I am certain that these lands will be played in large numbers once Kaladesh releases. They’re new and exciting so everyone will want to try them. Their actual place in Modern will be determined the month after the release. Players will have the data to gauge how successful their manabase is and whether the restriction is worth the life gained.
I think what it will come down to is what gets cut to make room for fastlands. I doubt that basics or utility lands will be serious considerations since Blood Moon is a card and your utilities are already important enough to play over normal lands. That leaves fetches and shocks. You cut too many of one and the other gets worse. Losing the shuffle of fetches and the deck thinning is also a consideration.
I suspect that despite what Anderson thinks Canal will not be universal, but existing decks will play the card. Junk will play its new fastlands and just mirror Jund’s manabase, but Jeskai isn’t going to cut its fixing for fastlands. Grixis might add it in if they were already playing Blackcleave Cliffs, but it will be Delver decks that really want Canal. I’m certain there will be a temporary spike in the deck; it might become permanent.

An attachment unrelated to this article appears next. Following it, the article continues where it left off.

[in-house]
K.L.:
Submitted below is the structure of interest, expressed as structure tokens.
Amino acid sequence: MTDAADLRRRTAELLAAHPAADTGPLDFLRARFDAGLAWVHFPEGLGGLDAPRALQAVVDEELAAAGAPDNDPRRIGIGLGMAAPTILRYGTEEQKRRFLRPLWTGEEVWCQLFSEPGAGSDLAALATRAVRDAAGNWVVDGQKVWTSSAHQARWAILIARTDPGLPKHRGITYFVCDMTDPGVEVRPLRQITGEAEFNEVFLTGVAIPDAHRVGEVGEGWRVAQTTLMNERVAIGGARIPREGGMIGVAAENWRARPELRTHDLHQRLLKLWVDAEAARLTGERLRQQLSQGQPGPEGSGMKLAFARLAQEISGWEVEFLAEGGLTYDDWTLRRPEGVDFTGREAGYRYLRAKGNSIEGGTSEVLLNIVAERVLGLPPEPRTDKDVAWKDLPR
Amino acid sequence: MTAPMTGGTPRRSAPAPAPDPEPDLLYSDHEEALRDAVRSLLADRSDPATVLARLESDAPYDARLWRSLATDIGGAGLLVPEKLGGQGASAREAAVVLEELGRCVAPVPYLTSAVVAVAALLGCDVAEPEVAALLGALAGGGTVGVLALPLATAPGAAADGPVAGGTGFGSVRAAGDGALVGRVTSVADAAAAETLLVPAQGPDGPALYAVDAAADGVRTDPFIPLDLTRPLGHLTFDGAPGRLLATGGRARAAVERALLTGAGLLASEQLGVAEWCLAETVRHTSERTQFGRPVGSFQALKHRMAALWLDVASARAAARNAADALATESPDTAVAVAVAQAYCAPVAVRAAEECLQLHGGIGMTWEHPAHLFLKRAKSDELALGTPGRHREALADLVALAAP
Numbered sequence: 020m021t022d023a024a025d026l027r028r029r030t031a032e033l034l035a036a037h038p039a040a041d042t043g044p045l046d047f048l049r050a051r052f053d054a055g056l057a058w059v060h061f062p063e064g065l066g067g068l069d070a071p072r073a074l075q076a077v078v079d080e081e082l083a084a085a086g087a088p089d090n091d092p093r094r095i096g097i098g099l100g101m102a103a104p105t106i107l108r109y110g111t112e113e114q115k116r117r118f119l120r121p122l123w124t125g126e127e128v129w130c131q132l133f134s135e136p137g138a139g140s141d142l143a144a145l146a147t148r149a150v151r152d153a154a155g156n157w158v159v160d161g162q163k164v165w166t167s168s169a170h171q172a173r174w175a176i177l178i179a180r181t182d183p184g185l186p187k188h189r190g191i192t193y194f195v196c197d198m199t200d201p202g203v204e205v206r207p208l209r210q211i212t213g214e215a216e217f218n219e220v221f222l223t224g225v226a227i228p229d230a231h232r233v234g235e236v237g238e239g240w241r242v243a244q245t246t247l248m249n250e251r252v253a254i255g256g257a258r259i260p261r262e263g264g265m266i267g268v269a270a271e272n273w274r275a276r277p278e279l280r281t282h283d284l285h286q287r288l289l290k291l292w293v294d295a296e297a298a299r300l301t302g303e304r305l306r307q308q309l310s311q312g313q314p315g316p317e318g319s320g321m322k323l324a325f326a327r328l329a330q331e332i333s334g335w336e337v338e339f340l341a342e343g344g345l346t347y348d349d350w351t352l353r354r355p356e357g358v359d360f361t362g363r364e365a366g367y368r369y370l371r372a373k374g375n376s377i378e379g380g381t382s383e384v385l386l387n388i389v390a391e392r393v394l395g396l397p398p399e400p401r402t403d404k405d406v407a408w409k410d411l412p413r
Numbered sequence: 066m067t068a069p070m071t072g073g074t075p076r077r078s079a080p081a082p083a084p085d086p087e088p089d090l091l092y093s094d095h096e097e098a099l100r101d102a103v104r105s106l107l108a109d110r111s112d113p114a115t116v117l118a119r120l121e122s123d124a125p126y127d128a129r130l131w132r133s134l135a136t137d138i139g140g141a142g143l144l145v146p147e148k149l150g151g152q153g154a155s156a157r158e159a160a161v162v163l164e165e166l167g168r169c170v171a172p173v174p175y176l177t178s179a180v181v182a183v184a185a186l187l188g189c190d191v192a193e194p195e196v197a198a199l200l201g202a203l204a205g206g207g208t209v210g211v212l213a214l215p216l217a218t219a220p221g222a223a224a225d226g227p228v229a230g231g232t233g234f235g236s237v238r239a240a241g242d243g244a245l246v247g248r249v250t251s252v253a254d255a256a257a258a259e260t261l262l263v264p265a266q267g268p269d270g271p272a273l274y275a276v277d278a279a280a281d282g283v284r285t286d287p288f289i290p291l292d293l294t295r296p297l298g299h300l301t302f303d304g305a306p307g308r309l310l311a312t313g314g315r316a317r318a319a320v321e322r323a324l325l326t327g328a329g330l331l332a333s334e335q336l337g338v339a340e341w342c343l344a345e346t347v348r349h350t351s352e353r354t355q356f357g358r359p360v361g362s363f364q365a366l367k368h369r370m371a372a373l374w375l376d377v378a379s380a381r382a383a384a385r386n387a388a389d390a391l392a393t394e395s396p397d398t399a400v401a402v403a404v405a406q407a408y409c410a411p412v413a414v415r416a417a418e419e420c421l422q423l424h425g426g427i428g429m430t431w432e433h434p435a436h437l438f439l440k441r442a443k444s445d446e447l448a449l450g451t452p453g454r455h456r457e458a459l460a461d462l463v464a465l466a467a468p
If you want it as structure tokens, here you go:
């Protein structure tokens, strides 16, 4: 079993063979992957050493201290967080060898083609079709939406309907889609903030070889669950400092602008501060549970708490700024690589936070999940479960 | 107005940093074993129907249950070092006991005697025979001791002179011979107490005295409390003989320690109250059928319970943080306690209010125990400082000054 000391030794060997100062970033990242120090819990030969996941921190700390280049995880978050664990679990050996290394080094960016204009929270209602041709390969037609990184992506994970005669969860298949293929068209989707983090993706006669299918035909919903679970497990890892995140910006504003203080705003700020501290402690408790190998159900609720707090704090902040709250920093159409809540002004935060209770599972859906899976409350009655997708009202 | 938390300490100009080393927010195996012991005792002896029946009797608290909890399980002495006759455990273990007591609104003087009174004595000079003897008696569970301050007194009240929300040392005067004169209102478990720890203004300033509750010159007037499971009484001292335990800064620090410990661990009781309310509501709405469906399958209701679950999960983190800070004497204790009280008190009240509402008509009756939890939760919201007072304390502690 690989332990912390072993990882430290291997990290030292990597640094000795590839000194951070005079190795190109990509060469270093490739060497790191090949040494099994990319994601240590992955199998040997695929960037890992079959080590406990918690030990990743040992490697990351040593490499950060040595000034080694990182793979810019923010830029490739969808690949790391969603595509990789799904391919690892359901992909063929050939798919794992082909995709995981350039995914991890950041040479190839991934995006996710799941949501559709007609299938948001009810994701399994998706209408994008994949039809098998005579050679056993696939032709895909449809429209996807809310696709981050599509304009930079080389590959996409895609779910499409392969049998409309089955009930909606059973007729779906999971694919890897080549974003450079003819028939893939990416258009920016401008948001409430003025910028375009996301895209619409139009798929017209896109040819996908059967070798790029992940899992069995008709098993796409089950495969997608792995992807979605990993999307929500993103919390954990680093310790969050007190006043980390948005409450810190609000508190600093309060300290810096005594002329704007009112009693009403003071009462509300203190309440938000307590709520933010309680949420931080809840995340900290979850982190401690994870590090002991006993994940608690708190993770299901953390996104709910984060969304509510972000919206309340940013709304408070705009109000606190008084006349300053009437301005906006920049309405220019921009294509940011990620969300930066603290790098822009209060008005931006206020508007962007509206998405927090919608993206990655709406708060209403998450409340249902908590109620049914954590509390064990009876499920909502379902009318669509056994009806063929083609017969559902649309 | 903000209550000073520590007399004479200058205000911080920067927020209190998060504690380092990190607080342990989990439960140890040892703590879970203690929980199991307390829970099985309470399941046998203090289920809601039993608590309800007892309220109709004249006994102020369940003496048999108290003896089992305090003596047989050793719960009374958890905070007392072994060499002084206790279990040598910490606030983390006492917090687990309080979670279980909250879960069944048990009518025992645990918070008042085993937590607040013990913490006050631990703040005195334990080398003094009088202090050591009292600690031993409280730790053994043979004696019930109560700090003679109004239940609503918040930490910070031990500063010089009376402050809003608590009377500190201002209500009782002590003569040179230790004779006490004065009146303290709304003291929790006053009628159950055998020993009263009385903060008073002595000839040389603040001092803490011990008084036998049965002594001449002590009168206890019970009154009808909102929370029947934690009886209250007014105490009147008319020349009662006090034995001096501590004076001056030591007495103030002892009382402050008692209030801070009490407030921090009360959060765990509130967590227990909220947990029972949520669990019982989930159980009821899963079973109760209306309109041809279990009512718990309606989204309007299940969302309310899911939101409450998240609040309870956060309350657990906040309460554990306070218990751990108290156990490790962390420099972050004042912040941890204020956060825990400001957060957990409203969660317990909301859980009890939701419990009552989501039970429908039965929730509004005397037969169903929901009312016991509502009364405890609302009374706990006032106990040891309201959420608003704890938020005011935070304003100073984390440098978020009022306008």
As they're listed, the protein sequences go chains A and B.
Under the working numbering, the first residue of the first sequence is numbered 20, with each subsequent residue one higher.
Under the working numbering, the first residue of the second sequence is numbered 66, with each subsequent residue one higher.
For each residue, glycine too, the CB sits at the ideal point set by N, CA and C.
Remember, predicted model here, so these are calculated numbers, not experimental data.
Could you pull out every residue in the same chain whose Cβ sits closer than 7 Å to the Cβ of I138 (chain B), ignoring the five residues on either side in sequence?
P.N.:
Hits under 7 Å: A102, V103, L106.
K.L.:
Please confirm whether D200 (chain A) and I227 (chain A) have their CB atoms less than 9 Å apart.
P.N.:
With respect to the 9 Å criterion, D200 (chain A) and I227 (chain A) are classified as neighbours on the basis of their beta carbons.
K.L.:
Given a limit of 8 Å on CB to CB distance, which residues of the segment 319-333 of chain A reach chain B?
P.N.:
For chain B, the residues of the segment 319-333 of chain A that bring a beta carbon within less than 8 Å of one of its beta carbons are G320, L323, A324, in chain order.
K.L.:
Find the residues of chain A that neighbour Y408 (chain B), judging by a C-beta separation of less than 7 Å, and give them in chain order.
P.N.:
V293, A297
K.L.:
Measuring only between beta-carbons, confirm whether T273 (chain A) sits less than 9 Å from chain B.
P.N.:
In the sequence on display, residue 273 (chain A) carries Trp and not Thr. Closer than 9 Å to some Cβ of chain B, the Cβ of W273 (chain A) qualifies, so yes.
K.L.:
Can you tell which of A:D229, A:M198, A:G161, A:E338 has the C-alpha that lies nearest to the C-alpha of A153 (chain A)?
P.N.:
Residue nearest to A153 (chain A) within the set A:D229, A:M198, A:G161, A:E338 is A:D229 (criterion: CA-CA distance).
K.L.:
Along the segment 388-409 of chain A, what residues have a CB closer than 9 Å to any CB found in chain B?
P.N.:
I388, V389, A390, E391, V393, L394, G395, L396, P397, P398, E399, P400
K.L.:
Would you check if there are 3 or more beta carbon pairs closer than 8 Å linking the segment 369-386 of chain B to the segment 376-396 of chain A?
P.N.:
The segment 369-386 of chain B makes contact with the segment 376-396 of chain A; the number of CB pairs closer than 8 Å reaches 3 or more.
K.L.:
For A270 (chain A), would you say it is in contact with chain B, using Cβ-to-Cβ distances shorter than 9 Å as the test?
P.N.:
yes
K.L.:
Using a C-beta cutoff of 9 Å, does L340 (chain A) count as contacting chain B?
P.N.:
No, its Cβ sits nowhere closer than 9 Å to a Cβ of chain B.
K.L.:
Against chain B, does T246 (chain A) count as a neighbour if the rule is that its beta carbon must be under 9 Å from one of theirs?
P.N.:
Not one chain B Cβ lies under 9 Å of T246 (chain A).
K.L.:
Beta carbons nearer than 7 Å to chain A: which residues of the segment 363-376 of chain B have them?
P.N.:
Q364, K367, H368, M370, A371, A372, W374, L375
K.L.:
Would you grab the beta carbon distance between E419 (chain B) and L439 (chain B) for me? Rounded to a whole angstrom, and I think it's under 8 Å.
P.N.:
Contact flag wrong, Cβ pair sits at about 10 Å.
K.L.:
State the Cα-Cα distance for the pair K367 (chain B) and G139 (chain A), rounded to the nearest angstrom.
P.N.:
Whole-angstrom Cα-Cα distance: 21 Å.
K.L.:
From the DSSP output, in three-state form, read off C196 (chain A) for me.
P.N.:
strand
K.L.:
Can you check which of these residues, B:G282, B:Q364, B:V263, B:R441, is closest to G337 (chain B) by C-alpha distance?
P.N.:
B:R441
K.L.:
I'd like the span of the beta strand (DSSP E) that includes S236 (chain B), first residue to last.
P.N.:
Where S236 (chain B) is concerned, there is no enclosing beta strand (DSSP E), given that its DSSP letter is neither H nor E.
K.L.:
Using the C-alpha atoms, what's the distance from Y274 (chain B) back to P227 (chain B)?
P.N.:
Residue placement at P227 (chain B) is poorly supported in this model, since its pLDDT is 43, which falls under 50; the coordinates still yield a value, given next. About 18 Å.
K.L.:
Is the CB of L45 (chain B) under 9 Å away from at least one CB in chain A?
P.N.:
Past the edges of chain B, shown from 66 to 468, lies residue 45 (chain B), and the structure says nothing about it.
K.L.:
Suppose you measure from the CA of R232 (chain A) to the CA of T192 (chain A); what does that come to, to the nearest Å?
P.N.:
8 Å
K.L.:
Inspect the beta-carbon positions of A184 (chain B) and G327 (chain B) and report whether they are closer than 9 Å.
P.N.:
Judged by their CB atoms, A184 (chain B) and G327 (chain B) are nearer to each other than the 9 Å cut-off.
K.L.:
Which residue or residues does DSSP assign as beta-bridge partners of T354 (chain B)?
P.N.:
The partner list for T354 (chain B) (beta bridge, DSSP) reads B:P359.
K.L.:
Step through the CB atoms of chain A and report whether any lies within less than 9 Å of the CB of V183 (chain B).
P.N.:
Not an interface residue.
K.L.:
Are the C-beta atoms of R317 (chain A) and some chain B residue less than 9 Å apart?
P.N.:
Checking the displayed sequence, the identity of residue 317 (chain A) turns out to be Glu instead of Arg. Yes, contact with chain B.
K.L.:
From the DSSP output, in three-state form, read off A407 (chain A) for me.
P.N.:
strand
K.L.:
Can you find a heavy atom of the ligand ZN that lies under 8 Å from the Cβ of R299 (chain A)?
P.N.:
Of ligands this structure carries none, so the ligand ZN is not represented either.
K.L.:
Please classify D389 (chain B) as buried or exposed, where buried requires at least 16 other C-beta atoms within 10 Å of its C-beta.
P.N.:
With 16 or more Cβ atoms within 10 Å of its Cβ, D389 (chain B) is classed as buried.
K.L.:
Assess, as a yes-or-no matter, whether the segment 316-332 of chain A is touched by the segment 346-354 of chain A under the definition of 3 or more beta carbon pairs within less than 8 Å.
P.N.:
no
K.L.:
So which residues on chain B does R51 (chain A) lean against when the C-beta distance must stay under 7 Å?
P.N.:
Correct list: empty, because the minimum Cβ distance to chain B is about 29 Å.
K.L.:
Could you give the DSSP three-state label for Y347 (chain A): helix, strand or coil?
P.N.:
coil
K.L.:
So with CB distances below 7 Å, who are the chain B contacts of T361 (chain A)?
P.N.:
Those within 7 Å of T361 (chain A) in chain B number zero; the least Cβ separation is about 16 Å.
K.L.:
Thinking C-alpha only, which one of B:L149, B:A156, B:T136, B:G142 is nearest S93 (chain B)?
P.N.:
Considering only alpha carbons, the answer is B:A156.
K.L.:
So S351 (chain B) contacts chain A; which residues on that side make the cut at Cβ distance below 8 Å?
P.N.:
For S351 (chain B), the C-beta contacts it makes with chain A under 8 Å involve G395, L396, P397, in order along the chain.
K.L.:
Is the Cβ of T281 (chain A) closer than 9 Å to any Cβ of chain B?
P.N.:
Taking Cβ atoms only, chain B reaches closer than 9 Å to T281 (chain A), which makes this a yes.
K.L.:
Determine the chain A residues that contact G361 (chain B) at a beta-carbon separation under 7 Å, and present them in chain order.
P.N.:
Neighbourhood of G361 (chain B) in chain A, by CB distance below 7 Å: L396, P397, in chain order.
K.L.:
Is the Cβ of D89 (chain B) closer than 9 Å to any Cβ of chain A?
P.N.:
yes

The Sky is Not Falling
I could be wildly off about Wizards this time. We really don’t have enough information to tell. Even if nothing ends up being broken, this looks like an excellent set for Modern. There are a lot of powerful and interesting cards that will have impacts both great and small, or just generate a lot of discussion which is fine too. I just hope that whatever shakes out isn’t another Eldrazi Winter.
David began playing Magic during Odyssey block, quit playing Magic when Caw Blade ruled the world, and returned to Modern shortly before Deathrite was banned. He’s made an appearance at the Pro Tour, made money at GP Denver, and is constantly grinding and brewing in Modern.